The expelled "ughs" that accompanied my pushes didn't make the wheelbarrow hoe-er work better. I saw its claw-like teeth dig into the dried soil, but the Nevada sun had insured its near rock-hard solidity. The sight of those long, unturned furrows was enough in itself to discourage me, not to say anything about the soon-to-disappear cooler, early morning sun. To me, a city-bred dweller and a recent college graduate, doing rural chores such as maintaining a vegetable garden or raising chickens was a complete change of pace. The Board of National Missions people didn't tell me that the internship I was undertaking might include such activities. It did not take me long after starting the assignment to realize that such food raising efforts were necessary. A rural pastor like Rousas Rushdoony, in whose house I was lodging, had to devise ways to supplement the low salary that a rural pastor received.
The demanding physical labor that put thick calluses on my hands wasn't the only thing I had to adjust to. The main industry in the area surrounding Owyhee was cattle ranching. Naturally destination points were far apart. One time Rousas, because he had to do something else, asked me to contact the elders of the church for a special gathering. In San Francisco or any urban center, I would have gotten on the telephone to make arrangements, but in Owyhee I had to borrow a horse. I had never ridden a horse; donkeys and mules, yes, but not a cowboy horse. The lender assured me that the horse was very tame and that I would not get lost. The worst would be that the horse heads for his own home rather than go the way I wanted. I got on and, true to the owner's word, the horse responded to my leading as instructed by the lender. It went at a very leisurely pace down one road and up another. I was just following the directions given to me by the contact at each point I arrived at. At the pace we traveled I lost all track of time. Ordinarily a car would have done the job in no time. I didn't have one, nor was I accomplished in driving. I only recently got a Nevada driver's permit. When I was growing up in San Francisco, I, as well as most other residents, found public transportation adequate. So I did not start learning to drive until I took on this internship. At the home of the last elder I had to contact Guy Manning's place his son Arthur saw my predicament. It was getting to be late afternoon. Would I get home before it got dark? He urged me to take one of his cars and even showed me how to operate it. I tried, but I just couldn't get the hang of coordinating the clutch and gas pedal. So it was back on the horse again.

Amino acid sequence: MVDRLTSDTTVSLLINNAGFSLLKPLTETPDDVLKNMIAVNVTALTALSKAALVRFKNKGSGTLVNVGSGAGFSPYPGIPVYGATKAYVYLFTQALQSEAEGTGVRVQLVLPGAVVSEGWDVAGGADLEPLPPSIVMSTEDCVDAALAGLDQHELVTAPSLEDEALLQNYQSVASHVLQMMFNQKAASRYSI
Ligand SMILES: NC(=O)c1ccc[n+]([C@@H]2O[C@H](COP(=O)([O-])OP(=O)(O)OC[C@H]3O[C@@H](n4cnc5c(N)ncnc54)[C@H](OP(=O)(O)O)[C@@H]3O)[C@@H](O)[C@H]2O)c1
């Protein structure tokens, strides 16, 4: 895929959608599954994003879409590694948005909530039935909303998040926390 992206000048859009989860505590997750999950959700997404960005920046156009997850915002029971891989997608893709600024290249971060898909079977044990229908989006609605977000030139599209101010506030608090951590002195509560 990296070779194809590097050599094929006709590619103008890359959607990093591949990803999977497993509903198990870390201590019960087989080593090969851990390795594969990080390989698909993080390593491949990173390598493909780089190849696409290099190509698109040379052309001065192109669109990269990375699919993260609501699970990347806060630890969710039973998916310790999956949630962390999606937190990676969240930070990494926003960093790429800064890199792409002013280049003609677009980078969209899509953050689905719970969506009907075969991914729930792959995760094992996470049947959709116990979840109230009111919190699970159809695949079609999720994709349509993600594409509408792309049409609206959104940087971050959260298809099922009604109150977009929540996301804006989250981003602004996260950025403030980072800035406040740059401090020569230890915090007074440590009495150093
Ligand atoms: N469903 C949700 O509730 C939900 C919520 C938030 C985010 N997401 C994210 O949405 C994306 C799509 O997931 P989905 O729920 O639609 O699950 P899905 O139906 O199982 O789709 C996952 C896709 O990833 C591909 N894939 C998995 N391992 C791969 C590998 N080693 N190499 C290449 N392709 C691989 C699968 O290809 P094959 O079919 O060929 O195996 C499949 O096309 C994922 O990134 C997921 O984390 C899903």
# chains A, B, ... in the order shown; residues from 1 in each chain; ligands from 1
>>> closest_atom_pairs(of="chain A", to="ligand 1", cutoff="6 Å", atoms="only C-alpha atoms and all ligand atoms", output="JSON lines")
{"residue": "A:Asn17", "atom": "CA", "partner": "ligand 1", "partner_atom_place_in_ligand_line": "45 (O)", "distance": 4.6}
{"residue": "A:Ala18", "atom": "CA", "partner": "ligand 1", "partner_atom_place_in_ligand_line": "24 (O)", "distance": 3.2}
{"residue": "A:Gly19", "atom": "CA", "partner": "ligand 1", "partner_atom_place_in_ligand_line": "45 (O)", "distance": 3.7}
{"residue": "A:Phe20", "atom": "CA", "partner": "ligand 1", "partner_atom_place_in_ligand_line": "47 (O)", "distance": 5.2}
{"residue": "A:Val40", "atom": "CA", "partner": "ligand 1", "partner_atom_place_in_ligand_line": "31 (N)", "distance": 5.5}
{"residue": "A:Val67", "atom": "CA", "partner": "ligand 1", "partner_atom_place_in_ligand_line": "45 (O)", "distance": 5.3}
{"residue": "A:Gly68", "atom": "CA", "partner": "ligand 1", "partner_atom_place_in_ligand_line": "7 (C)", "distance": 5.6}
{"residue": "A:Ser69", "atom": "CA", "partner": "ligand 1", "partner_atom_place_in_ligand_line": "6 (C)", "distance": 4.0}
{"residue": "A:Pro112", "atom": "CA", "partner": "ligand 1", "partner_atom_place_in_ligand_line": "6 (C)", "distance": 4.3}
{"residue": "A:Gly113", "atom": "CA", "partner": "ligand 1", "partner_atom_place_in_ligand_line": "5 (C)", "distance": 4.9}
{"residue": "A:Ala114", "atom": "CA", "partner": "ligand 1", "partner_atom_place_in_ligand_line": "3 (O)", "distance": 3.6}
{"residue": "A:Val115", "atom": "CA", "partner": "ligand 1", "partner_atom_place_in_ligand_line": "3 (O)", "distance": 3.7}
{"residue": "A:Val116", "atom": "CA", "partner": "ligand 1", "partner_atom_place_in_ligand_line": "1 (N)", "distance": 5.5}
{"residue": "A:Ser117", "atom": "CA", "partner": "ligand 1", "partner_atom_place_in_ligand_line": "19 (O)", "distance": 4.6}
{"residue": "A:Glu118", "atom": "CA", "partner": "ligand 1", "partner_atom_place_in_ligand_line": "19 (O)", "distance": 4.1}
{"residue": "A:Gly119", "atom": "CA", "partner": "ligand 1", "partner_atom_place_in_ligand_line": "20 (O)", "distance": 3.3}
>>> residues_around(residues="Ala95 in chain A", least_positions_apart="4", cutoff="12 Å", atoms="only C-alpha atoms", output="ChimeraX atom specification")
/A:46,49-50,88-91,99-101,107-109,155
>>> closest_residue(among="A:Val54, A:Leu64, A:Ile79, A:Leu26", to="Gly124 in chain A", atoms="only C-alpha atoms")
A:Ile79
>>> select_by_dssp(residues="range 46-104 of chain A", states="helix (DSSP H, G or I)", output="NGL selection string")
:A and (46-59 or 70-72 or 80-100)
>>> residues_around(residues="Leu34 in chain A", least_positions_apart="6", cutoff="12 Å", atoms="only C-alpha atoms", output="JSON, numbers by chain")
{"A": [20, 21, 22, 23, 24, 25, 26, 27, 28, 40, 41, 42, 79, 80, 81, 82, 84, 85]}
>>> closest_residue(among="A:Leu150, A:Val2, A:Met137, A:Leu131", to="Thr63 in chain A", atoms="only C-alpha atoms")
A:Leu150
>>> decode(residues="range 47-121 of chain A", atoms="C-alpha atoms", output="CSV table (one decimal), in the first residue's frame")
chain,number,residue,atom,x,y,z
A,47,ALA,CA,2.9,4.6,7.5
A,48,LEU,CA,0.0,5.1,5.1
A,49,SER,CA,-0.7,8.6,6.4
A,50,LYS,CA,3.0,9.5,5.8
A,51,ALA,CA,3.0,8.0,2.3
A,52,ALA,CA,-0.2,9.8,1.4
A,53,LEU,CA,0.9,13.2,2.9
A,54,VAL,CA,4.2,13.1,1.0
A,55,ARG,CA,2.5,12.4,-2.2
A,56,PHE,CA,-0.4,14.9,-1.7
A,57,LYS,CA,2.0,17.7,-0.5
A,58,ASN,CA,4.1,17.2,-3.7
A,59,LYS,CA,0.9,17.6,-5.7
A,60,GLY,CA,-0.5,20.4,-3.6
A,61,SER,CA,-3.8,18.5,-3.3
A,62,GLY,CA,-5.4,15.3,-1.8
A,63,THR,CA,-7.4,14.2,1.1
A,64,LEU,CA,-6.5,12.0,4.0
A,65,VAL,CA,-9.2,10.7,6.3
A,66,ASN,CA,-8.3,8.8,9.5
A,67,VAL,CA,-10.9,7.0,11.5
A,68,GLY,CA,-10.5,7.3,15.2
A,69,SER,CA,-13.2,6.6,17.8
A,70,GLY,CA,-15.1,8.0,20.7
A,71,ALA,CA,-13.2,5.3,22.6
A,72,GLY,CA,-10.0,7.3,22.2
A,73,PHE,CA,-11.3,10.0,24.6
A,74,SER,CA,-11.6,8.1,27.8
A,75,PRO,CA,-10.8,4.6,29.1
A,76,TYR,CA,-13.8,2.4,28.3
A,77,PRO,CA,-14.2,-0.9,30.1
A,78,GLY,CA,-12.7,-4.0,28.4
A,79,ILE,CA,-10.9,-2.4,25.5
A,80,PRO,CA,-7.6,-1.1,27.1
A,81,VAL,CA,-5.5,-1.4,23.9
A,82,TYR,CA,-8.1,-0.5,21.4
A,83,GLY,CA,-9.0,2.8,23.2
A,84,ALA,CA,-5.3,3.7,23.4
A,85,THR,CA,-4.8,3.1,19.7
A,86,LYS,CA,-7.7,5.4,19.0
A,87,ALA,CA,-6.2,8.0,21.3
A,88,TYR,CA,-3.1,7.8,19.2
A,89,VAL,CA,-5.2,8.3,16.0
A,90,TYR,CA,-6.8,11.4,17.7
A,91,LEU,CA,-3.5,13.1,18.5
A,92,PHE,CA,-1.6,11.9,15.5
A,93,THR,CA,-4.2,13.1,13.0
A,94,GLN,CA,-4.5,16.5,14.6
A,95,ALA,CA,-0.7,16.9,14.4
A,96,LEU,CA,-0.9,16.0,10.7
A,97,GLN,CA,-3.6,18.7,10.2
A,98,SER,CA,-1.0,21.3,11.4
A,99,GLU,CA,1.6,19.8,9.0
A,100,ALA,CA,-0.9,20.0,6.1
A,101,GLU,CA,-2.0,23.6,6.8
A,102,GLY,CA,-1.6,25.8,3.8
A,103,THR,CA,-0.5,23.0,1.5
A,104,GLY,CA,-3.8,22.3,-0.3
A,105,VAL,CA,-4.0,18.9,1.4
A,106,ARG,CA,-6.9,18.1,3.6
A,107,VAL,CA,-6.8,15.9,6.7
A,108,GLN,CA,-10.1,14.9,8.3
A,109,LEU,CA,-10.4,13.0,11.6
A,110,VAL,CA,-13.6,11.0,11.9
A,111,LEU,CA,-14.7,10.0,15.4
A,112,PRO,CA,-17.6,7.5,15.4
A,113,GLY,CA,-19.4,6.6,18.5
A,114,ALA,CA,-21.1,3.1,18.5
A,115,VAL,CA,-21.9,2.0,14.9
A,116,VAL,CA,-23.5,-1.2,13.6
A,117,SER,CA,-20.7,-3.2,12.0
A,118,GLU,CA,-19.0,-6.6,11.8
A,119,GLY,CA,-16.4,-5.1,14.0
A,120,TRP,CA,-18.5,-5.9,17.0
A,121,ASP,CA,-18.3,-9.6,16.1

Getting used to the way things were done in the little Owyhee church wasn't hard. Rousas was in charge, and I was learning by observing and doing. The church people, trained by Anglo missionaries, knew how to do things the Presbyterian way. Still, the influence of local customs and native American thinking could be felt. Rousas, thoroughly American, was nevertheless sensitive to alternate cultural ways, he himself having come out of an Armenian home. He had no difficulty with the patriarchal pattern of family life and communal relationships. Neither did I, having come out of Chinese culture. The people in that church accepted Rousas' leadership. However, because I didn't look like an "American," the people of Owyhee considered me a curiosity as well as an outsider. This was something I had to get used to. In time, my curiosity status subsided and I became more comfortable with Owyhee.
- Sherman Fung